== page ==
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Lesky’s Notes: Lockouts and projections

The season is supposed to start in 41 days, which seems awfully soon.

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MLB: Minnesota Twins at Kansas City Royals Gary Rohman-USA TODAY Sports

Your weekly lockout update is that the two sides at least spoke yesterday. It wasn’t a good conversation, but it was a conversation. That said, we’ve reached a point when just talking isn’t enough. When the owners made their proposal to the players, I think it was probably a lot less ridiculous than the initial reports that only focused on minimum salary and the luxury tax, but those also seem to be the most important points for the union, so… I still say that the number of items agreed on is at least sort of encouraging. They agree on expanded playoffs (I still hate it), universal DH, a draft lottery and a pre-arbitration bonus pool. Okay, some of these things they haven’t totally agreed on, but at least they’re having the same conversation? Whatever. I don’t know. That’s all I’ve got on the optimistic front today. They have about 10 days to make a deal or else we’re not watching regular season baseball on March 31. On the bright side, the Royals not adding Bobby Witt Jr. to the 40-man allows us to see videos of him working out in Surprise. At least someone is.

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I don’t want to harp on lockout talk too much and I’m not breaking any stories here, but the coverage from certain members of the media (cough, Jim Bowden, cough again, Buster Olney) trying to paint these talks as being slowed by the players in basically any way is absolutely driving me nuts. Bowden is trying to say that the players need to move on something. Of course, he’s choosing to ignore that the players have completely dropped their request about changing the length of team control for their players and that they’ve already come up to 12 playoff teams from 10 when the owners want 14. See, friends, that’s what is called a compromise. I sort of get the fear given that Ken Rosenthal is now no longer employed at MLB Network because he dared challenge the great Rob Manfred, but at least be honest about what’s happened.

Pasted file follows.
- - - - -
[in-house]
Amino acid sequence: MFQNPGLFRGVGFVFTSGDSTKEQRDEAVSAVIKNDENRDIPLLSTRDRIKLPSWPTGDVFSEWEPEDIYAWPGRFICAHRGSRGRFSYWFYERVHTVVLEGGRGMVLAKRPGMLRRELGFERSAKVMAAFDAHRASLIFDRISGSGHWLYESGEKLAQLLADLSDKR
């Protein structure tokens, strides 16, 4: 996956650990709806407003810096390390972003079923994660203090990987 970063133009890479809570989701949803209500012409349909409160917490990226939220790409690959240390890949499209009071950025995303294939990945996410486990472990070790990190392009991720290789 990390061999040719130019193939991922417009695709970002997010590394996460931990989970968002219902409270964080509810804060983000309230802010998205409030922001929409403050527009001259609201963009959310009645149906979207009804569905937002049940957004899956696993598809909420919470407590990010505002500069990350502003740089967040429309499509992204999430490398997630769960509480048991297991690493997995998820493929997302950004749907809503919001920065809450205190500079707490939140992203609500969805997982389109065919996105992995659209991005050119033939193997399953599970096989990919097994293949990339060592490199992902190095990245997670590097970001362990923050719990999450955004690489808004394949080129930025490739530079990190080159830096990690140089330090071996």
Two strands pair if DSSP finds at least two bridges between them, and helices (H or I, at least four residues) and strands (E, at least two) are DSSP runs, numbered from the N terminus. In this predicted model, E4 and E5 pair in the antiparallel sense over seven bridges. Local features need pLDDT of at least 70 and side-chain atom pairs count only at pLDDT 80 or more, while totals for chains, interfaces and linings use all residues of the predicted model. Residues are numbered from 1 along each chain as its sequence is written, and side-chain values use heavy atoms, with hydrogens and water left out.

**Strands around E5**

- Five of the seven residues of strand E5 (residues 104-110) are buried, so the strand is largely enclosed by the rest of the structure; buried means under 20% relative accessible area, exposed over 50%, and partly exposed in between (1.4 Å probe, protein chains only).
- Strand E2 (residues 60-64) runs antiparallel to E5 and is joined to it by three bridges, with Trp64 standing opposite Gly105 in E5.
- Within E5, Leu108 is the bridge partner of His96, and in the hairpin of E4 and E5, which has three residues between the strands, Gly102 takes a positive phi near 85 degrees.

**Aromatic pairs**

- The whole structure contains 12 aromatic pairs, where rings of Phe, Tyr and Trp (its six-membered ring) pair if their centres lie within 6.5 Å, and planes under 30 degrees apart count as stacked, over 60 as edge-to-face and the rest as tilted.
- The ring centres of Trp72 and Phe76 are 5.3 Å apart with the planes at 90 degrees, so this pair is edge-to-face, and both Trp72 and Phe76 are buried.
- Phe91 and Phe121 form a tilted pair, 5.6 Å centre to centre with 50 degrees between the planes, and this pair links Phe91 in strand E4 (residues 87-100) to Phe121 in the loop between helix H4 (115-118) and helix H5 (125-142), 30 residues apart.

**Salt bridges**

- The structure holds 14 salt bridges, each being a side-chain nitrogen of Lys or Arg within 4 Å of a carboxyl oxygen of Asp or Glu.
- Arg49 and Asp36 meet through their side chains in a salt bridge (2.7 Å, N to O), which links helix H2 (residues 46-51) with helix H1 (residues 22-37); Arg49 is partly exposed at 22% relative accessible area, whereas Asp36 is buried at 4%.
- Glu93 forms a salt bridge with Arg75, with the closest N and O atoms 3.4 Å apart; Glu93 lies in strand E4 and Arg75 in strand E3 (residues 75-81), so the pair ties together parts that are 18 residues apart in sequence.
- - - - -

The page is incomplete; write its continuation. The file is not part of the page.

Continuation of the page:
I would love it if the players would respond a little quicker than they have. The owners are absolutely in the wrong for taking 43 days after the lockout to talk and then promising a response before trying to bring in a federal mediator, but that doesn’t mean that the players should be waiting five days from the owners coming back to the table. I’d like to see a little more speed there, but I also understand the snail’s pace when they feel that the owners aren’t negotiating seriously. There’s a very real concern that they’re negotiating against themselves because the owners continue to not bring anything of substance, at least what we’ve heard publicly. So I guess I don’t actually know if I truly believe they should be moving faster given how the negotiations have gone, but as a fan, I just want them to figure something out.

The PECOTA projections came out this week and they were, ummm, underwhelming. I’ve been pretty vocal about concern over Whit Merrifield’s offensive decline and the fact that his 99th percentile projection is just .295/.349/.448 seems concerning. Yes, that’s a line we’d all like but if that’s the absolute best he’s projected to, that seems bad. Of course, projections are just a tool to view and nothing to take as gospel, but they’re based on historical trends and all that good stuff. The Royals having just two players projected for a 100 DRC+ or better at the 50th percentile is also not great. And when one of them is Carlos Santana, coming off a down 2020 and even more down 2021, you have to wonder how likely it is that he breaks that number. What that shows with the bats is just how important it is for players like Witt, Nick Pratto, MJ Melendez, Kyle Isbel and others to show that the changes in the offensive development can jump to the next level. Or else the offense is in trouble. That’s nothing we didn’t already know, but seeing projections of any of the current big leagues shows that time and again.